Accounting troubles — Dividends?

Posted on Июль 14, 2009. Filed under: wow |


Please help me with this accounting problem. I’m not sure how to do the calculations. Don’t worry about fully answering #2, but a few words to lead me in the right direction would be helpful. Thanks!

Wonderful Outboard Watercraft (WOW) Inc. wants to expand to Blanton, Florida and needs cash. Therefore WOW owners are considering offering 30,000 shares of 1% preferred stock of $100 par on the market. Currently the existing stockholders hold 100,000 shares of $50 par common stock. You are (still) their Chief Financial Officer and they ask you to prepare a schedule of what dividends the common and the (new) preferred stockholders would get if WOW sells these proposed preferred shares. You have estimated Income for Yr 1, 2, and 3 and determined that the following amounts could be distributed as dividends:

Year 1:

$ 50,000

Year 2:


Year 3:


1. Determine the dividends per share for preferred and common stock for each year.

2. Prepare a brief memo (no more than 120 words) giving the arguments for and against offering this preferred stock. In the memo also briefly mention other methods of obtaining the cash.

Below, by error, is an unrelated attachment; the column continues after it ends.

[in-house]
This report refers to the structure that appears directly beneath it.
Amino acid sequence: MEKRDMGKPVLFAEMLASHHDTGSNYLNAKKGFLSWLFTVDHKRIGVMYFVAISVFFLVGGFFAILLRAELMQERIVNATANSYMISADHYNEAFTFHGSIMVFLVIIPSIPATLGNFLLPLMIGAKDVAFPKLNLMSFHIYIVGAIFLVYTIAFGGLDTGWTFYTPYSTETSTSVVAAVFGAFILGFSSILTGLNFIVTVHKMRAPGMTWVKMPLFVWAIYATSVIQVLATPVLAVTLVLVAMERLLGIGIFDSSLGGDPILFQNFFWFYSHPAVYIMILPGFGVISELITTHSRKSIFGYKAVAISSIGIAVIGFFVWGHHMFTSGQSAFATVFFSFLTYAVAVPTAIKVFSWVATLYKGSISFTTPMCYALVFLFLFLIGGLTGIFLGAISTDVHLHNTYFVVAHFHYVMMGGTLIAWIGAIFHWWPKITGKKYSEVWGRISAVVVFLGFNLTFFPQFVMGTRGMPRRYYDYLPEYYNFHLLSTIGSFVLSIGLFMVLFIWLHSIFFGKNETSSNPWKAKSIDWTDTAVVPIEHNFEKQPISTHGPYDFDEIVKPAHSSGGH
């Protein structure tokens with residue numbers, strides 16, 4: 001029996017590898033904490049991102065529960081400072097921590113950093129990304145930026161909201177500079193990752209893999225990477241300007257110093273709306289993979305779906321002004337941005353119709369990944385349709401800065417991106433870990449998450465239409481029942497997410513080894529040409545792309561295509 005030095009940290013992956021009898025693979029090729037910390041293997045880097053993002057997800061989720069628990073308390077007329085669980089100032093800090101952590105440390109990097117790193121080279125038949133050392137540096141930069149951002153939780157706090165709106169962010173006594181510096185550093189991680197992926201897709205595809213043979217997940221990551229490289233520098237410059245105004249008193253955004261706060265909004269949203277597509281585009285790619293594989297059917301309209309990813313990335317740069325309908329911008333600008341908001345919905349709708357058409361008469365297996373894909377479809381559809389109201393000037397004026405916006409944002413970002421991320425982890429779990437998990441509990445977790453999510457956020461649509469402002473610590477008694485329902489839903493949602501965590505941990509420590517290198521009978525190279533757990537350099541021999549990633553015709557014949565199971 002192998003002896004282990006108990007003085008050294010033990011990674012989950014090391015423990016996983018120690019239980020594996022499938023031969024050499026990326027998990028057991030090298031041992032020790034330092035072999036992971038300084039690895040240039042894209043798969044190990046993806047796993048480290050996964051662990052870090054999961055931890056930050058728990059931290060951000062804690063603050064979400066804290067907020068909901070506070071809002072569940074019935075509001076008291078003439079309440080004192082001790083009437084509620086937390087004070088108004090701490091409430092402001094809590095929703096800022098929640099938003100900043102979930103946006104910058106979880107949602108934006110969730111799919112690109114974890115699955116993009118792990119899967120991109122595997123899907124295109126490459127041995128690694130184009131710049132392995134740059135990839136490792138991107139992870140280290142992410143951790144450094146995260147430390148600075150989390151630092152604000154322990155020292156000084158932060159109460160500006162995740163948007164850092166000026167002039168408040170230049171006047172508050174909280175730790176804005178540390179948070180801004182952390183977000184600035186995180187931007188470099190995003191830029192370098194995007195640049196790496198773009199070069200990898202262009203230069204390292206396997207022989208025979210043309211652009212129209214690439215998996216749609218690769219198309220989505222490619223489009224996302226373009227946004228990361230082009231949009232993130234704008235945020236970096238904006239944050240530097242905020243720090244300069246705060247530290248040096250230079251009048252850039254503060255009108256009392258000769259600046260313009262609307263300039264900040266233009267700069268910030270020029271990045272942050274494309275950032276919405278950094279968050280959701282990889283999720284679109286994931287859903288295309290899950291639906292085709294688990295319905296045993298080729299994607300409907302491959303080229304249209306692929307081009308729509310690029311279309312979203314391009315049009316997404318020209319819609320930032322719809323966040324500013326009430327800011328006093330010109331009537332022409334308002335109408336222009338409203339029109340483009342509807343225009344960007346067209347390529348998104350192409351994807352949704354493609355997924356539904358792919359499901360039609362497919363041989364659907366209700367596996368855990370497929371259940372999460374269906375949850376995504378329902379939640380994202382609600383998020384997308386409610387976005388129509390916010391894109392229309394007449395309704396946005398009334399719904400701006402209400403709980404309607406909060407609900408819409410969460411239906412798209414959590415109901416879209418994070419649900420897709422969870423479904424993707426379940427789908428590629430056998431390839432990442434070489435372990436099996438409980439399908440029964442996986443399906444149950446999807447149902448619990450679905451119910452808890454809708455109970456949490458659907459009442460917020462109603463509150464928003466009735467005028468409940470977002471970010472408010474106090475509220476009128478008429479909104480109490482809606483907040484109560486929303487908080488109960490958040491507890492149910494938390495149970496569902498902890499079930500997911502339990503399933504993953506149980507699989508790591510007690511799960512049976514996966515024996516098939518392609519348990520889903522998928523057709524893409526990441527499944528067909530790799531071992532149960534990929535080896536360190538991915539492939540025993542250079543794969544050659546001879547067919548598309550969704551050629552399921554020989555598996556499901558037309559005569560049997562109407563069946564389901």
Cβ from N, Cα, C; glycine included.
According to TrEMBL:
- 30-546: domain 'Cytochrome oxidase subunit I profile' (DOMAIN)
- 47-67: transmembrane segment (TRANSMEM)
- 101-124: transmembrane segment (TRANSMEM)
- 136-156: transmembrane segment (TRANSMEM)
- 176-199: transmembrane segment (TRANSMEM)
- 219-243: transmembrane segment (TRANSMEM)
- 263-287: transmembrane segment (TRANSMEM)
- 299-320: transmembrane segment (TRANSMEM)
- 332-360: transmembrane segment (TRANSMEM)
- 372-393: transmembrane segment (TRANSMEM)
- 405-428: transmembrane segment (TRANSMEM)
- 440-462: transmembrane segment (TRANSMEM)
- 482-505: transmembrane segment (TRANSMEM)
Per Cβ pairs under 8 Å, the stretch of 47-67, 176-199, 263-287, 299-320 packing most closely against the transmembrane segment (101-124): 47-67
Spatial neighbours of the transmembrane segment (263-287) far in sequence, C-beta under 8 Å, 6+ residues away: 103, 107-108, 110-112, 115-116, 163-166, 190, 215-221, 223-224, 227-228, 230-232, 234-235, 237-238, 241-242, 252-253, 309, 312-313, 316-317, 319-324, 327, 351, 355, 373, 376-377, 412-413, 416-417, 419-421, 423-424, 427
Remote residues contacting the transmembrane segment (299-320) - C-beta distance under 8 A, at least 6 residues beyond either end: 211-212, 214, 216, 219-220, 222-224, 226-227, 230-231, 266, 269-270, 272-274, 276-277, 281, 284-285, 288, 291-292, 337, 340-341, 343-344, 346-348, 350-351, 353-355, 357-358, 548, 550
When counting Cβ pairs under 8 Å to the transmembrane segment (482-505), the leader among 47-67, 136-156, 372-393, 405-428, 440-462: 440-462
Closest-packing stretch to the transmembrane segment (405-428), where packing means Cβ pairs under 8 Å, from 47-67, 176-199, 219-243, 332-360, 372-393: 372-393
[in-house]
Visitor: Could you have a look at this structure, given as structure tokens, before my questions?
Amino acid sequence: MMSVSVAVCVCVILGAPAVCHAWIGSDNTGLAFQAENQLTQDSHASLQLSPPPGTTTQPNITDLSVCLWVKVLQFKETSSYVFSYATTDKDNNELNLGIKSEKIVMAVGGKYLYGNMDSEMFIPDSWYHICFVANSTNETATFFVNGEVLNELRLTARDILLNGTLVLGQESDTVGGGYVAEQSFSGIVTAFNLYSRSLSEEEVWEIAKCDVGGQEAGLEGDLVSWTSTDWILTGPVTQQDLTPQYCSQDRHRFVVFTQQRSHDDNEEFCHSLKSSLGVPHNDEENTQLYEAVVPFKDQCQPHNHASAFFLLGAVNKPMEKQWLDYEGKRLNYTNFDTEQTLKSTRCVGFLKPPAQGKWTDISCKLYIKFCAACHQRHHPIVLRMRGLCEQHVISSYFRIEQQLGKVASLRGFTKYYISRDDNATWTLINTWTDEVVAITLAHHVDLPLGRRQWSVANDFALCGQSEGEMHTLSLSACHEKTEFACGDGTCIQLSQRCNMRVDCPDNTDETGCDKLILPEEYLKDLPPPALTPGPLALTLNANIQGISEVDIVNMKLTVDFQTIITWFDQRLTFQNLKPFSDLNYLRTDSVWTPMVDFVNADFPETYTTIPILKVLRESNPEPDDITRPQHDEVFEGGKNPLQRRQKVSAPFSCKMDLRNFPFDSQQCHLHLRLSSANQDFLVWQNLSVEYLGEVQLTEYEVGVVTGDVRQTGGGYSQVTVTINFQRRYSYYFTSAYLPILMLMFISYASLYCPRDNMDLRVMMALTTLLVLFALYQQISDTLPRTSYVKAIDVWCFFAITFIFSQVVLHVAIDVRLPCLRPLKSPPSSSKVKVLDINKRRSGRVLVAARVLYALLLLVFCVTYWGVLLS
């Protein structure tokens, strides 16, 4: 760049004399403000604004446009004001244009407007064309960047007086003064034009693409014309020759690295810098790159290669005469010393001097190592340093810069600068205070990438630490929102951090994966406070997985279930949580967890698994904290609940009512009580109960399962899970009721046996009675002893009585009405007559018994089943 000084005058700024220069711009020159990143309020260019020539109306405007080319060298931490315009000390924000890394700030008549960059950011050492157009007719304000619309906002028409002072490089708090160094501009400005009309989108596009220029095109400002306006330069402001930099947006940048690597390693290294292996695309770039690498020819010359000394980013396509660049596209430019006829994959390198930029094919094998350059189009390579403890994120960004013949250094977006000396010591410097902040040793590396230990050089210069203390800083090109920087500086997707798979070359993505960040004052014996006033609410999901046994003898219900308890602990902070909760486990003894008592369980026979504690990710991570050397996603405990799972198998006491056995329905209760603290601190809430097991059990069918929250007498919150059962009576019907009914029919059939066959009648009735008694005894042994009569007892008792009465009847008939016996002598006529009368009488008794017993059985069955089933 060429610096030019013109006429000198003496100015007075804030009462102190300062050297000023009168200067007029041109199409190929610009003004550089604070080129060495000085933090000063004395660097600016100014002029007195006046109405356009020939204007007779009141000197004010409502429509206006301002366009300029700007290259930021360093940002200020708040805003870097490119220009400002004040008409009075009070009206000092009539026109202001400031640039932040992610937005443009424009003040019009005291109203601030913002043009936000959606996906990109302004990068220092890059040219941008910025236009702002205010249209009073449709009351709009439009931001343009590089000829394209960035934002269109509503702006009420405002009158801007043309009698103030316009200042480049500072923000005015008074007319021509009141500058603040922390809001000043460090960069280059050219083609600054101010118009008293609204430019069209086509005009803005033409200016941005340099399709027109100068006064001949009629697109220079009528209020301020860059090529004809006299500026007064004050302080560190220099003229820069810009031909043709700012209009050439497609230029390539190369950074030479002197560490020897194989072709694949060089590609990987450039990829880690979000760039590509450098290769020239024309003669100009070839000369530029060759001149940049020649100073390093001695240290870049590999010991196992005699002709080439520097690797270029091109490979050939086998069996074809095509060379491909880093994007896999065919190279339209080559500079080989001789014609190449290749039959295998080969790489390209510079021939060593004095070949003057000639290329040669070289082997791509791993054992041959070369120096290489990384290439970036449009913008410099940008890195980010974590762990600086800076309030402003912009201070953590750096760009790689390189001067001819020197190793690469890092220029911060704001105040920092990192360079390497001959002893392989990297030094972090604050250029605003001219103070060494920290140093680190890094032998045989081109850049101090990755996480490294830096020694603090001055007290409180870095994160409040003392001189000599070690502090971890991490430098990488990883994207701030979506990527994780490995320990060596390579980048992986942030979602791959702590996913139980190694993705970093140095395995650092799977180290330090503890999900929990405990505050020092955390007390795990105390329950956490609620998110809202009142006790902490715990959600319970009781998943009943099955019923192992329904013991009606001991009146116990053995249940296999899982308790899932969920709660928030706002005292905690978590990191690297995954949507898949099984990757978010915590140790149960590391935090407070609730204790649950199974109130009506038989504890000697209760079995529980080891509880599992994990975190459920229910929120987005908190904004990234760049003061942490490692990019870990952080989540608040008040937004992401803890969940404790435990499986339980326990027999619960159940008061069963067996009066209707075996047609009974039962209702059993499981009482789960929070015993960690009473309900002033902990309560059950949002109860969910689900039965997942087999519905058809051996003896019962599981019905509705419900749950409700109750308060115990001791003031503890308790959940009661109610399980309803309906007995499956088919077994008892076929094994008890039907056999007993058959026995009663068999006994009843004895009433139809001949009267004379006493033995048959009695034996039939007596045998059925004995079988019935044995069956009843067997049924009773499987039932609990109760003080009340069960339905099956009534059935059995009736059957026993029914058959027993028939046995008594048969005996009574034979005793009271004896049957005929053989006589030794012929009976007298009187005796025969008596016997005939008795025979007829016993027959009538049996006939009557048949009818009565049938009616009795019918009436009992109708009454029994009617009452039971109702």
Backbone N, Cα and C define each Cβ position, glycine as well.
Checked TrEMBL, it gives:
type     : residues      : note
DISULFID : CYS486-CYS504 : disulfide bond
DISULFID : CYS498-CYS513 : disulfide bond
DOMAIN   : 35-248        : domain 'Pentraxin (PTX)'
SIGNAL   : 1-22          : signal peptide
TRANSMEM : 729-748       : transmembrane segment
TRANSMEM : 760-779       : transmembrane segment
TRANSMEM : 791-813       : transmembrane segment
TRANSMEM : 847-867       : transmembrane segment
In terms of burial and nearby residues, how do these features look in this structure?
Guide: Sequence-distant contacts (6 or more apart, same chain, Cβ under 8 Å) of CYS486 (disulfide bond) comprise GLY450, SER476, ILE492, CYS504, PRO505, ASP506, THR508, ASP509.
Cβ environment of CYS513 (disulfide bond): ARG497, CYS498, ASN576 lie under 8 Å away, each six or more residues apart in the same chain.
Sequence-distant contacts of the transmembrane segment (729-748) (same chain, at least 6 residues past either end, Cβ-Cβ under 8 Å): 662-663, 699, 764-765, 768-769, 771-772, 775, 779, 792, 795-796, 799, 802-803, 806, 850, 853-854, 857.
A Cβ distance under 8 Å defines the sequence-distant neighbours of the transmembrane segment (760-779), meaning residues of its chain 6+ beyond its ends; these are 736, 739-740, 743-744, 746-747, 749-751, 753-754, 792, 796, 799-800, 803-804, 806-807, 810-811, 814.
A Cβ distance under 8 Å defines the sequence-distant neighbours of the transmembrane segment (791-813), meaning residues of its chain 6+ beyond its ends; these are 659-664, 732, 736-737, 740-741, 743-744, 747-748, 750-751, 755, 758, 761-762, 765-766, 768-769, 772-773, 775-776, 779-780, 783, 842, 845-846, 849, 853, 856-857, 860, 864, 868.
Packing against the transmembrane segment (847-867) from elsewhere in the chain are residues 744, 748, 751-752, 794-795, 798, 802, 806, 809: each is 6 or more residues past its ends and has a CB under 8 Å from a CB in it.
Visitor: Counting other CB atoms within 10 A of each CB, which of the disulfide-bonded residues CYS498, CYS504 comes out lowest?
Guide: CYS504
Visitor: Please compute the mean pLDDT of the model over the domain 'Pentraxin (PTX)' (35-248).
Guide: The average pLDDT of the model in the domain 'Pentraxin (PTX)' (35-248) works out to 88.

Year 1: preferred 1.00 per share : common 0.20 per share

Year 2: preferred 1.00 per share : common 0.60 per share

Year 3: preferred 1.00 per share : common 1.00 per share

The preferred stock earns dividends at a rate of 1% of par value, or $1.00 per share. With 30,000 shares to be issued, this would total $30,000 in preferred dividends to be paid by the company. This amount must be paid before paying dividends to common shareholders, so for each year, the first $30,000 in dividends goes on the preferred stock, the rest on the common stock. Subtract $30,000 from the total dividends to be paid each year, and divide by 100,000 common shares outstanding, you get the dividends per share for the common stock.

2. Some of the things to consider: Issuing preferred stock is one way to obtain necessary financing. The company needs to look out for its real owners, who are the current common stock owners. They would maintain their voting rights, but would take a back seat when dividends are paid. If they are investing for the income, they probably wouldn’t like the idea too much. If they are investing more for the growth potential, they would be in favor of financing, but maybe not financing obtained in this manner. Other methods of obtaining cash:

Issuing bonds — the stockholders maintain full ownership and dividend shares, but the company goes into long-term debt.

Bank loans — same advantages and disadvantages as issuing bonds, but the debt could be either short or long term.

Selling assets — not likely to be an option available to a company that is looking to expand, but they may own something that doesn’t fit into the future plans.


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